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Old 10-24-2012, 11:41 AM   #56
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O
My orthopedic surgeon says that he always starts with ibuprofen because it's the least likely to cause problems. He also had a list of over 20 more powerful medications (I never got further than naprosen) to use when ibuprofen stopped working.

Taken with food & hydration, ibuprofen can be safely used by the majority. It's limited by body weight (mine is 800mg for 180 pounds, up to 3x/day). As RB points out you don't take it before exertion, only after the fact. I don't smoke, I no longer drink alcohol, I hydrate extremely well, and my only other med is a daily antihistamine. I don't have any other liver or kidney risk factors (as far as I know) so gastric bleeding is the worst situation I'm likely to encounter.

Now if they made chocolate-flavored ibuprofen, then I'd quickly develop a psychological addiction problem.

Ibuprofen may be dangerous for some of you, but I bet your orthopedic surgeon has a really long list of alternatives too. Let me know what works especially well for you...
Same observations here.

Under direction of my foot doc I ended up taking 440mg of naproxen morning and evening for a full 3 months during our hiking vacation this year to finally control the flames of my plantar faciitis.

Now I use it intermittently should a flare up start, like this week

But a week of use usually works great. I use ibuprofein occasionally for other joint pain, mostly my back, but not if I'm on naproxen.
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Old 10-25-2012, 02:51 AM   #57
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I'm no doctor, but I believe acetaminophen aka Tylenol is dangerous for your liver. Ibuprofen aka Advil or Motrin not so much...
Quote:
Originally Posted by Alan View Post
+1

Ibuprofein is bad for the stomach.
For some folks (e.g those with IBS) NSAIDs are not an option.

The risks of liver damage from acetaminophen/paracetamol can be reduced/minimized by:

1. Following the newer dosage recommendations:
No more than 1000 mg in any 26 hr. period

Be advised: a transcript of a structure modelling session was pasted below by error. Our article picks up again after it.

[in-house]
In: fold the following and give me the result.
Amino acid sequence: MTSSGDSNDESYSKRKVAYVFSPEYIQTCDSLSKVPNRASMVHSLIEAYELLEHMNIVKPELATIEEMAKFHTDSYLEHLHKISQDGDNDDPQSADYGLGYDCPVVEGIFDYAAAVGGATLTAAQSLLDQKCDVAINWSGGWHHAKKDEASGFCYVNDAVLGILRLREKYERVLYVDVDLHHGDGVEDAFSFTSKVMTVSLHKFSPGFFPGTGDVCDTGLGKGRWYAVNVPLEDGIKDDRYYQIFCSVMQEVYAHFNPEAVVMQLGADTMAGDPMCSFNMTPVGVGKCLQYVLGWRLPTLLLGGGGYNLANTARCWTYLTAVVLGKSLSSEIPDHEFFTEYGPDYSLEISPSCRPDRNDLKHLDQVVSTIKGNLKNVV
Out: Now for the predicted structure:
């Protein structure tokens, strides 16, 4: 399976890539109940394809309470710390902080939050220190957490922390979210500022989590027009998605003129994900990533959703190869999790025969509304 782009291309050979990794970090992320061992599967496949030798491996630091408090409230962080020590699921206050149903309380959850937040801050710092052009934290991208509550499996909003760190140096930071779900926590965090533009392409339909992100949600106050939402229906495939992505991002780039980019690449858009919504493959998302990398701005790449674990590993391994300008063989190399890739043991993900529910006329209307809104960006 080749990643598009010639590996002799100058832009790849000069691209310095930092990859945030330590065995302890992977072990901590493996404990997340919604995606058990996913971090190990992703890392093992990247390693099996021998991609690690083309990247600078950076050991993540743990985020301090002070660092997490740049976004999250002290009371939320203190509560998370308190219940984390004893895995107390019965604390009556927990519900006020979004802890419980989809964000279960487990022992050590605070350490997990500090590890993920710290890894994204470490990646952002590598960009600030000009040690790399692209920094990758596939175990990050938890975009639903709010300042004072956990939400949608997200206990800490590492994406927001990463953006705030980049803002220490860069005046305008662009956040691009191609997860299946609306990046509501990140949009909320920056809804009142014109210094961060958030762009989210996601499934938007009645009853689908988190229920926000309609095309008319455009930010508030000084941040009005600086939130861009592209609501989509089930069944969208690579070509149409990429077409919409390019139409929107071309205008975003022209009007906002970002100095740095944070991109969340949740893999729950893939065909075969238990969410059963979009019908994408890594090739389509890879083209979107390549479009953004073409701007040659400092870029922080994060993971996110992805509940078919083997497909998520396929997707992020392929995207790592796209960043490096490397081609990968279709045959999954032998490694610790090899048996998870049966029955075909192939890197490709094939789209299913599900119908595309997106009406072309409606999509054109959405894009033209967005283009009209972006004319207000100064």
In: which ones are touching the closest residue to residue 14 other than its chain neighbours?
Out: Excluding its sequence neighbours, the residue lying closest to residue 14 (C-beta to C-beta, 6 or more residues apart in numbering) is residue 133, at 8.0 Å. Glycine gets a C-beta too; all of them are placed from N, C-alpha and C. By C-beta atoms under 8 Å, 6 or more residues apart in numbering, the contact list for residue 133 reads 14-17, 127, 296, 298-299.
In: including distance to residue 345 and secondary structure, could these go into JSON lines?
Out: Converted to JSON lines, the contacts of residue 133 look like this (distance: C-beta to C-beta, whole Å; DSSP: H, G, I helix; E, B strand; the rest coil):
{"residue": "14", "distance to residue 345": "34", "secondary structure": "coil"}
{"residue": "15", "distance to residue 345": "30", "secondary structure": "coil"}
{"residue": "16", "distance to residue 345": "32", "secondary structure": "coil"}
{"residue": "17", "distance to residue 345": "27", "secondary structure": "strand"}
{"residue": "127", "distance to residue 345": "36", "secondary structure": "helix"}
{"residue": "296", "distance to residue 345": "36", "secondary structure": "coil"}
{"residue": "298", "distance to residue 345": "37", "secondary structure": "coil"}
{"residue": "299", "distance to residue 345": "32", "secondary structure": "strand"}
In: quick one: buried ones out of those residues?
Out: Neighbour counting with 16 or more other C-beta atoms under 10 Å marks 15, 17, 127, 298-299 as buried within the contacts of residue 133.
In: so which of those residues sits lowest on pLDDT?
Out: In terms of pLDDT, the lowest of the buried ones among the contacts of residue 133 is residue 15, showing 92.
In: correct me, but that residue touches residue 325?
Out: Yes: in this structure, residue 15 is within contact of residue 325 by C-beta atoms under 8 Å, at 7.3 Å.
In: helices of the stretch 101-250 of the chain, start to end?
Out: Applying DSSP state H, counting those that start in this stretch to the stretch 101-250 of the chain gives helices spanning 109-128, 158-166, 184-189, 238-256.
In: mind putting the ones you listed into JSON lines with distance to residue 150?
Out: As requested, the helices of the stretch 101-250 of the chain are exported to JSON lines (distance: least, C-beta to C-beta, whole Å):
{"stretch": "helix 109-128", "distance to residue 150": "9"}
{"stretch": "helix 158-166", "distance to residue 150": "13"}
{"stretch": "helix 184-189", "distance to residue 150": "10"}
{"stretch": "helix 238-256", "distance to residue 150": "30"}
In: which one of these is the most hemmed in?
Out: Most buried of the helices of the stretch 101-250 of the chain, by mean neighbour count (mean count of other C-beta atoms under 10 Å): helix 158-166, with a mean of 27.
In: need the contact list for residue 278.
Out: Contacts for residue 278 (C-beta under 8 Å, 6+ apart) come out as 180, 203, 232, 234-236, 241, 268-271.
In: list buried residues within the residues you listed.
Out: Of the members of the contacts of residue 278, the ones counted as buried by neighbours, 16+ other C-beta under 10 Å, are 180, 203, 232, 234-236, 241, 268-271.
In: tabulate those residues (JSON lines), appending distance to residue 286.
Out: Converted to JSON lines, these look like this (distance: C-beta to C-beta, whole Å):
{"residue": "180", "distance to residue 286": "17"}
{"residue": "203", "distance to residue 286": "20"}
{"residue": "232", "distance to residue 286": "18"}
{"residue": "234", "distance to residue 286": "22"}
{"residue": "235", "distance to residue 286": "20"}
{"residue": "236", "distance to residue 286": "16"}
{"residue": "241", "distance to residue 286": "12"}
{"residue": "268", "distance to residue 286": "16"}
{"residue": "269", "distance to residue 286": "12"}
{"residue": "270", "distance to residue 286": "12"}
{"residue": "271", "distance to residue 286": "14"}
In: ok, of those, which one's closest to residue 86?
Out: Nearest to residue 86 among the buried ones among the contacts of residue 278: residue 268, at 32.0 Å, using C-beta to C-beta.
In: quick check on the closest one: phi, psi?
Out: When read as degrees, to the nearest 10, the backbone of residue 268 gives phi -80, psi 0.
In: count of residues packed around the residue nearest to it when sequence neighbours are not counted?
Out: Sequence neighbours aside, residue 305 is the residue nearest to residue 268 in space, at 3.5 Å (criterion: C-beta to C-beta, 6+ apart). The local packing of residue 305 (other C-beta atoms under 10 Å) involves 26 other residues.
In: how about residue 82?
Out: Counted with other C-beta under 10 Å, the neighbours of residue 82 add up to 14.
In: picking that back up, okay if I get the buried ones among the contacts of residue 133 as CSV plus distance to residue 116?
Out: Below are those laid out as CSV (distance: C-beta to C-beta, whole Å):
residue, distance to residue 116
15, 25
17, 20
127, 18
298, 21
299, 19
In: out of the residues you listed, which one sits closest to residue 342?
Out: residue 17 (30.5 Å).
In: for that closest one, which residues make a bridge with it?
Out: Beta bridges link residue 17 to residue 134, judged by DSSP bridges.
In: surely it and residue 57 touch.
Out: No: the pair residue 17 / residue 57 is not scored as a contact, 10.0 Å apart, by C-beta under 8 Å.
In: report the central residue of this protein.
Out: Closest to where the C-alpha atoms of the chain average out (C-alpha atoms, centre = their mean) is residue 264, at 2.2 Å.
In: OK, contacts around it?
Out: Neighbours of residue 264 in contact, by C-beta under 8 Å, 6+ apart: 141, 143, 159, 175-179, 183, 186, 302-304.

No more than 3000 mg in any 24 hr. period
No more than 2600 mg in any 24 hr. period if taken long term (more than 10 days)
2. Taking N-Acetyl Cysteine (NAC) a powerful antioxidant that, among other uses, can protect the liver and kidneys.

And FWIW...
Quote:
A new study from American Cancer Society researchers finds use of 30 tablets a month or more of acetaminophen for five or more years was associated with an estimated 38% lower risk of prostate cancer.
Long-term, regular acetaminophen use may be associated with lower prostate cancer risk
I am not a doctor.... Yadda, yadda, yadda....

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Old 10-25-2012, 09:17 AM   #58
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Acetaminophen does not work for me at all. Didn't get much if any benefit from naproxen either. Sticking with the occasional generic ibuprofen.
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Old 10-25-2012, 07:42 PM   #59
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Turning 65 this year has not been good to me. I retired in March and it has been one thing right after another with my health. Getting old is not for whips. If anyone can get out of the workforce in the early 50's I highly suggest you do while you are able to do things you want. I overworked my body for almost 30 years doing hard manual work. It paid good but now I am not sure it was all worth it. I just cannot stand it that I cannot do what I once was able to but that I have to accept. I once thought I had found the fountain of youth with Celebrex until it almost killed me. I cannot take any of that type medicine again. One word, Ulcer. I think I will start some sort of exercises trend to build my body back if thats possible. Who knows. oldtrig
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Old 10-25-2012, 09:09 PM   #60
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Oldtrig, good idea to try to exercise and build your body back. I am 64 and working out has been hard to do, but very helpful, too. I will never be as strong as I was in my 20's, but I am stronger than I was in 2009, when I retired.

We go to the gym 3 afternoons a week, and there are a lot of retired people there our age and older when we are there, all trying to get stronger and healthier I think. Some in their 80's are amazing and inspire me to work harder at it.